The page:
Just incorporate it right into your lease agreement. It’s one added paragraph with the policy spelled out. Put a line beside it and have them initial that they’ve read and understood your policy.

      To your success!

  2. Jan Whitney on

    Thank you for this information Karen. I’m getting ready to buy my first rental property – a triplex – and I’m trying to get all my processes in place, mostly through blogs here on Bigger Pockets. As Brandon said, I like that by having a process that is standard for everyone, you can take the emotion out of it.

  3. Being accused of discrimination is an excellent reason for not giving in to excuses. All tenants should be held to the same standards – not only because this is only fair to all of the good rent-paying tenants, but also because landlords should treat all tenants equally under the law.

  4. john milliken on

    since i love the reference about renters in today’s podcast about if you give a mouse a cookie, i got one for landlords:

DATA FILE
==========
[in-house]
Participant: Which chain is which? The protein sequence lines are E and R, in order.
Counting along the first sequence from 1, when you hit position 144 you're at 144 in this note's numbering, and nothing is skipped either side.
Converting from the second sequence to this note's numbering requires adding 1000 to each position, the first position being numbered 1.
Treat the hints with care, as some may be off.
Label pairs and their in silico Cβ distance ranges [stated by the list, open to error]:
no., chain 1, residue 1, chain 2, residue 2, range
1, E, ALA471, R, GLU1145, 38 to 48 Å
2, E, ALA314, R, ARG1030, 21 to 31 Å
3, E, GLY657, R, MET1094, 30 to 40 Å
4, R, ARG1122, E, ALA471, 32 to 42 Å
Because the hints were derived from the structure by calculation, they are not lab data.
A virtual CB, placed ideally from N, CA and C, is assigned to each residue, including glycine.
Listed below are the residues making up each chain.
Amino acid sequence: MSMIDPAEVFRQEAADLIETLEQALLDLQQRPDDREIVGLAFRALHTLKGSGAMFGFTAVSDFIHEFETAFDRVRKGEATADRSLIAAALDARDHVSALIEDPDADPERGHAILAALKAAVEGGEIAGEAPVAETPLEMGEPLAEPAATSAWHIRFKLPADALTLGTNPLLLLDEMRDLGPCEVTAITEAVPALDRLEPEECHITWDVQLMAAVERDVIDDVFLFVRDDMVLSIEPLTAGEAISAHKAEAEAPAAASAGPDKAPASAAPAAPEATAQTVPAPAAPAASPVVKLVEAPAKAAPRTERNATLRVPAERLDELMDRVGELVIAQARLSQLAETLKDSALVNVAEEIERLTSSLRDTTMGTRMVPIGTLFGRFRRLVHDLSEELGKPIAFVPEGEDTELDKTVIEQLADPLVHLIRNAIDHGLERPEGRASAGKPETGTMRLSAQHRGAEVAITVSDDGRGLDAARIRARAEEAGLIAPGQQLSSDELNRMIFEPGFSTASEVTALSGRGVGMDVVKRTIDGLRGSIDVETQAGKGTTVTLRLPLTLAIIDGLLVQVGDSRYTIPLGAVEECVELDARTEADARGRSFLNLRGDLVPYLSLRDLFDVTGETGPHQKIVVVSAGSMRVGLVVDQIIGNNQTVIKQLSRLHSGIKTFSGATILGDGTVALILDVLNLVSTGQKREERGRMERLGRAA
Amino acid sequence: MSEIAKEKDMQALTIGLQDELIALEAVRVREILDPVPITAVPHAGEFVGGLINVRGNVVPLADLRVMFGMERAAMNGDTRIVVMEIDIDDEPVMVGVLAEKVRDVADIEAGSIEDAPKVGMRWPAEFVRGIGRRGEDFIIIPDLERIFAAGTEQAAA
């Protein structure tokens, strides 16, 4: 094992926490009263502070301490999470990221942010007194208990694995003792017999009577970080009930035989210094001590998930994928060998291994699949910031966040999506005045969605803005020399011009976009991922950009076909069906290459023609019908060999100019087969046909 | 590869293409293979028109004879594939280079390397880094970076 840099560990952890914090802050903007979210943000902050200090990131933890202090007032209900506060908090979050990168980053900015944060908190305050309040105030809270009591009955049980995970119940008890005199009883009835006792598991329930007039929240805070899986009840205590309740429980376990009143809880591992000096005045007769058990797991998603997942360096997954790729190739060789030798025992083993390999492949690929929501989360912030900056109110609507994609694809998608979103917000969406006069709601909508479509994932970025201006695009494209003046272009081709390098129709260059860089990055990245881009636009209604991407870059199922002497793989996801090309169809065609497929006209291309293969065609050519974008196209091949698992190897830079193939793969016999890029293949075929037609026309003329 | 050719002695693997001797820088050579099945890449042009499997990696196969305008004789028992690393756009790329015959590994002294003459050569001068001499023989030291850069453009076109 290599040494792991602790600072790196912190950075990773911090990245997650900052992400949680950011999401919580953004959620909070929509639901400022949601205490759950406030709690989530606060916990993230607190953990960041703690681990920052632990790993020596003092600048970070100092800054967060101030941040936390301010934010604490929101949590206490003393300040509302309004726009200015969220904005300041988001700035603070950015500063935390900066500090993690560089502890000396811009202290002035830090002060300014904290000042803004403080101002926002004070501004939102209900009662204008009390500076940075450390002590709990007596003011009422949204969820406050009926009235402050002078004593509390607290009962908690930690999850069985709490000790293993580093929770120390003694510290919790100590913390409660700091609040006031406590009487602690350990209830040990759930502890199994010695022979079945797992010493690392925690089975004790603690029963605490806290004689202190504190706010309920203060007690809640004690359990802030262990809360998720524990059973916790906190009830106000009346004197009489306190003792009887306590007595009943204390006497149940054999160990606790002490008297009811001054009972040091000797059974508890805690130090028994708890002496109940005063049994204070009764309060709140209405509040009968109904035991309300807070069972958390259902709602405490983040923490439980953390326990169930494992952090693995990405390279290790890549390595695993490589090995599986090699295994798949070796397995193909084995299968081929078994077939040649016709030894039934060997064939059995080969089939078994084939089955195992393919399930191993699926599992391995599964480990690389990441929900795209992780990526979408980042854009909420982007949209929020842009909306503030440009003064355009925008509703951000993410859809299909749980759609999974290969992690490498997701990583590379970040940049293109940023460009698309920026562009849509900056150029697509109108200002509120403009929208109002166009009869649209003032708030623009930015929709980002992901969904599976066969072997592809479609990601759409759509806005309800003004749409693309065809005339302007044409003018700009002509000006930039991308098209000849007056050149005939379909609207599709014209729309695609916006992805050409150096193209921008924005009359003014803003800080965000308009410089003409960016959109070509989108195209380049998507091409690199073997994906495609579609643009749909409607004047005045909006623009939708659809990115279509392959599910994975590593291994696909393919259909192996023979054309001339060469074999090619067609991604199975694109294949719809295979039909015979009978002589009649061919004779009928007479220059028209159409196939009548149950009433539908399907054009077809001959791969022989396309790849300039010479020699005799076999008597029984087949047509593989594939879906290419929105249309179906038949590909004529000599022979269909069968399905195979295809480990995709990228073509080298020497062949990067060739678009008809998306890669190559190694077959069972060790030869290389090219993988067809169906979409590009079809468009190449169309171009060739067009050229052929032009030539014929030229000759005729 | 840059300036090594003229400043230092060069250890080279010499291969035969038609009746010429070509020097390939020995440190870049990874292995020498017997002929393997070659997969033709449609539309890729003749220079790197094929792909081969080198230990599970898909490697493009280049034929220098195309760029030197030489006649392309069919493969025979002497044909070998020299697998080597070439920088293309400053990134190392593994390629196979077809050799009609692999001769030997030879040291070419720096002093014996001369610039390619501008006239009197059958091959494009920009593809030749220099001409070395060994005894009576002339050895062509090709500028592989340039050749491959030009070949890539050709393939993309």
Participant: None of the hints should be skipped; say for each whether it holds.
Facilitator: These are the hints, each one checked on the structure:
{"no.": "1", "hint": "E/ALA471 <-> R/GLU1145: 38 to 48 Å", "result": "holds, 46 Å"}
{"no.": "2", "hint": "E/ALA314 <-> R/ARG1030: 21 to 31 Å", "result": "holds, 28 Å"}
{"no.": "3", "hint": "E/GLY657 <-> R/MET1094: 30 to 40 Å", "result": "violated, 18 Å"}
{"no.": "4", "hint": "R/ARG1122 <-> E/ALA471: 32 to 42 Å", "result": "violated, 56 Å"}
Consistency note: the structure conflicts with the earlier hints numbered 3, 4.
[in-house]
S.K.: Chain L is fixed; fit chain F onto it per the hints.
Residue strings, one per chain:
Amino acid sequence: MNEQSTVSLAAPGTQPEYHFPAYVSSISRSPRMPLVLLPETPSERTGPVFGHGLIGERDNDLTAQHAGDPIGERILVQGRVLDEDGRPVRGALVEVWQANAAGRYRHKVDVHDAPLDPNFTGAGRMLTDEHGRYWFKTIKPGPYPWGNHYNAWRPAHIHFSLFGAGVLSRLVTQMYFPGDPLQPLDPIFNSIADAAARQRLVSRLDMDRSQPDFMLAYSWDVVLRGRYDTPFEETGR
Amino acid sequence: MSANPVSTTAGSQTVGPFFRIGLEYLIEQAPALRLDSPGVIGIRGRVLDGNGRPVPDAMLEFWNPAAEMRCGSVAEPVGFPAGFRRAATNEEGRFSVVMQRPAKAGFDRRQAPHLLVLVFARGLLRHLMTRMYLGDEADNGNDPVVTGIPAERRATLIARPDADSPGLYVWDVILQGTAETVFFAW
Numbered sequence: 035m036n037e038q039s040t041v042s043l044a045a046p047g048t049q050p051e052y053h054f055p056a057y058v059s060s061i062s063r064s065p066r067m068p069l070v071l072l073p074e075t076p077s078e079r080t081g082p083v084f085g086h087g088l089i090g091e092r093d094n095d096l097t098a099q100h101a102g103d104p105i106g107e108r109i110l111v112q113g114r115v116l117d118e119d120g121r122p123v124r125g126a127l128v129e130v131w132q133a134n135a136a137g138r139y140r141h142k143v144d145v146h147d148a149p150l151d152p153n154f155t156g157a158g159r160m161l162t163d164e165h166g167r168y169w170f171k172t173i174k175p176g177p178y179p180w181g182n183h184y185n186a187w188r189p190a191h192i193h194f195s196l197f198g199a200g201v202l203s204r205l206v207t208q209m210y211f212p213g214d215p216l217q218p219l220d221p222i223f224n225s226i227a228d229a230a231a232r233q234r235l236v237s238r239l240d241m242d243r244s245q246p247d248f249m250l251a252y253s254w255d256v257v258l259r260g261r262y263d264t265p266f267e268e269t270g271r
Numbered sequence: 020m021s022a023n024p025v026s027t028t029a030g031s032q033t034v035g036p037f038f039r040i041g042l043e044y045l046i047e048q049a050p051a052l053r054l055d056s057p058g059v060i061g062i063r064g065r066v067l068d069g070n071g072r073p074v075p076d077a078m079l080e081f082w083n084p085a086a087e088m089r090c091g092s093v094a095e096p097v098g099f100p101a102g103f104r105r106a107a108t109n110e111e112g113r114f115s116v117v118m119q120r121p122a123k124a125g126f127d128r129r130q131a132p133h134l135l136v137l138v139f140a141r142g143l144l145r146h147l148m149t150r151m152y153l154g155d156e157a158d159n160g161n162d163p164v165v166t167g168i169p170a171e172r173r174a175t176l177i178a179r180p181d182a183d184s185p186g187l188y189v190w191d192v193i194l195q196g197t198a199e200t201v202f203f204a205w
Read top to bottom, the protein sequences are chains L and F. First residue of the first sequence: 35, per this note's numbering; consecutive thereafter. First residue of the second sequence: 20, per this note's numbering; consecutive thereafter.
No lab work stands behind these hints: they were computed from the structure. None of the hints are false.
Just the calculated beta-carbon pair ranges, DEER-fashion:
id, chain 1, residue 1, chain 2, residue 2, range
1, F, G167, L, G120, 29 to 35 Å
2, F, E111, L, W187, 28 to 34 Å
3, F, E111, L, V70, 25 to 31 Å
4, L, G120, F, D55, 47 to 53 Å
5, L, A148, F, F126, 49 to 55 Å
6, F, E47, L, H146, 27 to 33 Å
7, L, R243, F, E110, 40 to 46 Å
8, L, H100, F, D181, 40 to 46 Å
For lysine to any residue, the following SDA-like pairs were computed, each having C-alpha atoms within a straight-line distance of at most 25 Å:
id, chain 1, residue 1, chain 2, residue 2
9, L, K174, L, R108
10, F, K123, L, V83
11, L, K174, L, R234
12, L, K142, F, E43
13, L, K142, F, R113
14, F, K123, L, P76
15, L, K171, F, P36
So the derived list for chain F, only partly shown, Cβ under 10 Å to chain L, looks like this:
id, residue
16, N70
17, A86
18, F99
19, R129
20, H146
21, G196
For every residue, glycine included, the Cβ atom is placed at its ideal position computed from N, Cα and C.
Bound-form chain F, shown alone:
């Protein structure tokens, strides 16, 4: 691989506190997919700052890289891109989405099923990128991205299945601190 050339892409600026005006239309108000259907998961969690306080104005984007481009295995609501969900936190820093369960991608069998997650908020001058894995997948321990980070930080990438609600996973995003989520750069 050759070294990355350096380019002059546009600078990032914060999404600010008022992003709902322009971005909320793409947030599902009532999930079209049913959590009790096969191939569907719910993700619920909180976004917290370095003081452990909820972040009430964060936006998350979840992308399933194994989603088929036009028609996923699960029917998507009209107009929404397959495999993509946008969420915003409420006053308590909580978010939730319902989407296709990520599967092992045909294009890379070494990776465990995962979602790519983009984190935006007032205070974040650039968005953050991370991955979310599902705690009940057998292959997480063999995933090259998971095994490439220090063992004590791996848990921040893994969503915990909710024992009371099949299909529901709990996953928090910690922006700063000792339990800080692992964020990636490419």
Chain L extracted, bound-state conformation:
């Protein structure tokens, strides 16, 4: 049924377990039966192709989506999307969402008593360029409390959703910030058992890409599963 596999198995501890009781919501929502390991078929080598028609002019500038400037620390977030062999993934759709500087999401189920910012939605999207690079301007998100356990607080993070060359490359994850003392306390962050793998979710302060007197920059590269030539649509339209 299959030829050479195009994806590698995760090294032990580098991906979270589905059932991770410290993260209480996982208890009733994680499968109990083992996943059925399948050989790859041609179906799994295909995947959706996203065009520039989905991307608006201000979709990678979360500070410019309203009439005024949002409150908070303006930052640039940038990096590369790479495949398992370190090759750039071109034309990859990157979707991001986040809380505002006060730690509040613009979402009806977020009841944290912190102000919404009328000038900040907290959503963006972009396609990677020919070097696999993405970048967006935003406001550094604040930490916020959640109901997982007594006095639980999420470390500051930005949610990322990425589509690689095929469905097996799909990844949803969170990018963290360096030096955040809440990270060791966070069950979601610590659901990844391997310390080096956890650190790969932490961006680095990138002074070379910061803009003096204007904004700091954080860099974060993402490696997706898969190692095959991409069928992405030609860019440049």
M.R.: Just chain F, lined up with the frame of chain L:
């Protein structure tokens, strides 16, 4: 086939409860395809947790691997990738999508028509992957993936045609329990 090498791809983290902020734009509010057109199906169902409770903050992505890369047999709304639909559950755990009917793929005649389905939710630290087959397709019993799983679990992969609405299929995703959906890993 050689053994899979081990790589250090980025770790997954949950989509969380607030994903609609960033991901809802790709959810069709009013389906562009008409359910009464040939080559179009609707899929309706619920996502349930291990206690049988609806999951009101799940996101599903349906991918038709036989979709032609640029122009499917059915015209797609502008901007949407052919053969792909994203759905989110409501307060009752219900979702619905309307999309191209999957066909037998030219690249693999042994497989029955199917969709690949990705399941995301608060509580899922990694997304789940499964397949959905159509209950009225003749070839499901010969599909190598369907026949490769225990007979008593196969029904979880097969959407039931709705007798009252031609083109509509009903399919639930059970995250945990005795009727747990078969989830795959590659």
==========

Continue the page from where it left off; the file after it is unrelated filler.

if you give a renter an exception, they’re gonna want free rent.

  5. Great Article. It took a long time to accept the fact if you dont have a system to handle tenants, then they will control YOU! I know I want to help sometimes but when you interfere with your systems, you can create EVEN more problems later on. For example, friends in one house talk to friends in another house and both are rented by you and YOU let them slide on payments because YOU feel sorry for them and then, the other tenant that you dont know they are friends with, says WHY NOT HELP ME? So on and so on…. Oops! There are millions of stories but, there is only one way to handle them and that is with YOUR system! Don’t EVER forget it!

  6. This was a great post.
    I am new to the game and implemented a similar procedure